Youssef Oualil


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Application-Agnostic Language Modeling for On-Device ASR
Markus Nussbaum-thom | Lyan Verwimp | Youssef Oualil
Proceedings of the 61st Annual Meeting of the Association for Computational Linguistics (Volume 5: Industry Track)

On-device automatic speech recognition systems face several challenges compared to server-based systems. They have to meet stricter constraints in terms of speed, disk size and memory while maintaining the same accuracy. Often they have to serve several ap- plications with different distributions at once, such as communicating with a virtual assistant and speech-to-text. The simplest solution to serve multiple applications is to build application-specific (language) models, but this leads to an increase in memory. Therefore, we explore different data- and architecture-driven language modeling approaches to build a single application-agnostic model. We propose two novel feed-forward architectures that find an optimal trade off between different on-device constraints. In comparison to the application-specific solution, one of our novel approaches reduces the disk size by half, while maintaining speed and accuracy of the original model.


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The Metalogue Debate Trainee Corpus: Data Collection and Annotations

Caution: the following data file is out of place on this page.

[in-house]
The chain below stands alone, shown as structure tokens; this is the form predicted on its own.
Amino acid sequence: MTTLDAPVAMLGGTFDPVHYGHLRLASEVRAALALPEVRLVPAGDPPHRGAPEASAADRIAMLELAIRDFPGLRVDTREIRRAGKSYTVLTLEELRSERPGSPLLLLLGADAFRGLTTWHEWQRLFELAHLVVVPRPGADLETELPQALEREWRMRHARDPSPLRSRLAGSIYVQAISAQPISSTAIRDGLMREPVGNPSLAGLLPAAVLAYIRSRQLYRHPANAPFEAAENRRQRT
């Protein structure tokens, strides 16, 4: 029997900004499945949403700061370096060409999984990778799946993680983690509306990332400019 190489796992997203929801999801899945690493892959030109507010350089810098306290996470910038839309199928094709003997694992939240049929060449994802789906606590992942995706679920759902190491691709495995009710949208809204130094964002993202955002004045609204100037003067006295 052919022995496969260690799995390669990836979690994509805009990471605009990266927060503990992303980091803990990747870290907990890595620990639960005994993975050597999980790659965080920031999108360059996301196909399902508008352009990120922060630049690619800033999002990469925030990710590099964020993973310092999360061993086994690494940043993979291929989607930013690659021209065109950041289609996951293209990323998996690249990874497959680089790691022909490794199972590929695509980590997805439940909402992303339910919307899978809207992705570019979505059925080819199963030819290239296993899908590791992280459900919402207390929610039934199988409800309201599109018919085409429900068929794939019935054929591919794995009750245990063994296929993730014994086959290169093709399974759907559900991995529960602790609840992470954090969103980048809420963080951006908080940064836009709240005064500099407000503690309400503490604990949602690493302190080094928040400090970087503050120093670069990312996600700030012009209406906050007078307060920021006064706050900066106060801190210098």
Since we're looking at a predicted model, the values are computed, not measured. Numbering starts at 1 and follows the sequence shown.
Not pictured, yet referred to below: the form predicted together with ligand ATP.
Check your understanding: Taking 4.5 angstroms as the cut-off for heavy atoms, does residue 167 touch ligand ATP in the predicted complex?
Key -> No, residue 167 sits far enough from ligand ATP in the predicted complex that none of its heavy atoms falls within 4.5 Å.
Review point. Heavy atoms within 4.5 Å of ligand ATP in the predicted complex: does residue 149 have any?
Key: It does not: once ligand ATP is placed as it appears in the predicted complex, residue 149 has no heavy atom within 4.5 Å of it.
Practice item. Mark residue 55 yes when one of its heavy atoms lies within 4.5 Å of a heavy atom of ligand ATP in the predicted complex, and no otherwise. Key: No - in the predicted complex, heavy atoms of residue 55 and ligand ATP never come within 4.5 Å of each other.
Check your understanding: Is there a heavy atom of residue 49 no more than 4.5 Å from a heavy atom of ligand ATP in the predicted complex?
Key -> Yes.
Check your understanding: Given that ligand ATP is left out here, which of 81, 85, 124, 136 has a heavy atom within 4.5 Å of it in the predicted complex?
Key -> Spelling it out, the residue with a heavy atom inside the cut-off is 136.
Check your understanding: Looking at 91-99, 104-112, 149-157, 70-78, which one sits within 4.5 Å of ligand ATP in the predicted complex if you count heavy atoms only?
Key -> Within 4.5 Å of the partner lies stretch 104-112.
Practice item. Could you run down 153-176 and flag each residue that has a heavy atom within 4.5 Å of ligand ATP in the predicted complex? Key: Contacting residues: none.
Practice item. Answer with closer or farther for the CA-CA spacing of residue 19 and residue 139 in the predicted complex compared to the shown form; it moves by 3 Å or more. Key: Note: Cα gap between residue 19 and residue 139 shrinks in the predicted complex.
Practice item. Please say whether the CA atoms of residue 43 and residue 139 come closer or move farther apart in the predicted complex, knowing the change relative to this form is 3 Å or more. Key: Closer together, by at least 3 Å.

Volha Petukhova | Andrei Malchanau | Youssef Oualil | Dietrich Klakow | Saturnino Luz | Fasih Haider | Nick Campbell | Dimitris Koryzis | Dimitris Spiliotopoulos | Pierre Albert | Nicklas Linz | Jan Alexandersson
Proceedings of the Eleventh International Conference on Language Resources and Evaluation (LREC 2018)


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Long-Short Range Context Neural Networks for Language Modeling
Youssef Oualil | Mittul Singh | Clayton Greenberg | Dietrich Klakow
Proceedings of the 2016 Conference on Empirical Methods in Natural Language Processing

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Sub-Word Similarity based Search for Embeddings: Inducing Rare-Word Embeddings for Word Similarity Tasks and Language Modelling
Mittul Singh | Clayton Greenberg | Youssef Oualil | Dietrich Klakow
Proceedings of COLING 2016, the 26th International Conference on Computational Linguistics: Technical Papers

Training good word embeddings requires large amounts of data. Out-of-vocabulary words will still be encountered at test-time, leaving these words without embeddings. To overcome this lack of embeddings for rare words, existing methods leverage morphological features to generate embeddings. While the existing methods use computationally-intensive rule-based (Soricut and Och, 2015) or tool-based (Botha and Blunsom, 2014) morphological analysis to generate embeddings, our system applies a computationally-simpler sub-word search on words that have existing embeddings. Embeddings of the sub-word search results are then combined using string similarity functions to generate rare word embeddings. We augmented pre-trained word embeddings with these novel embeddings and evaluated on a rare word similarity task, obtaining up to 3 times improvement in correlation over the original set of embeddings. Applying our technique to embeddings trained on larger datasets led to on-par performance with the existing state-of-the-art for this task. Additionally, while analysing augmented embeddings in a log-bilinear language model, we observed up to 50% reduction in rare word perplexity in comparison to other more complex language models.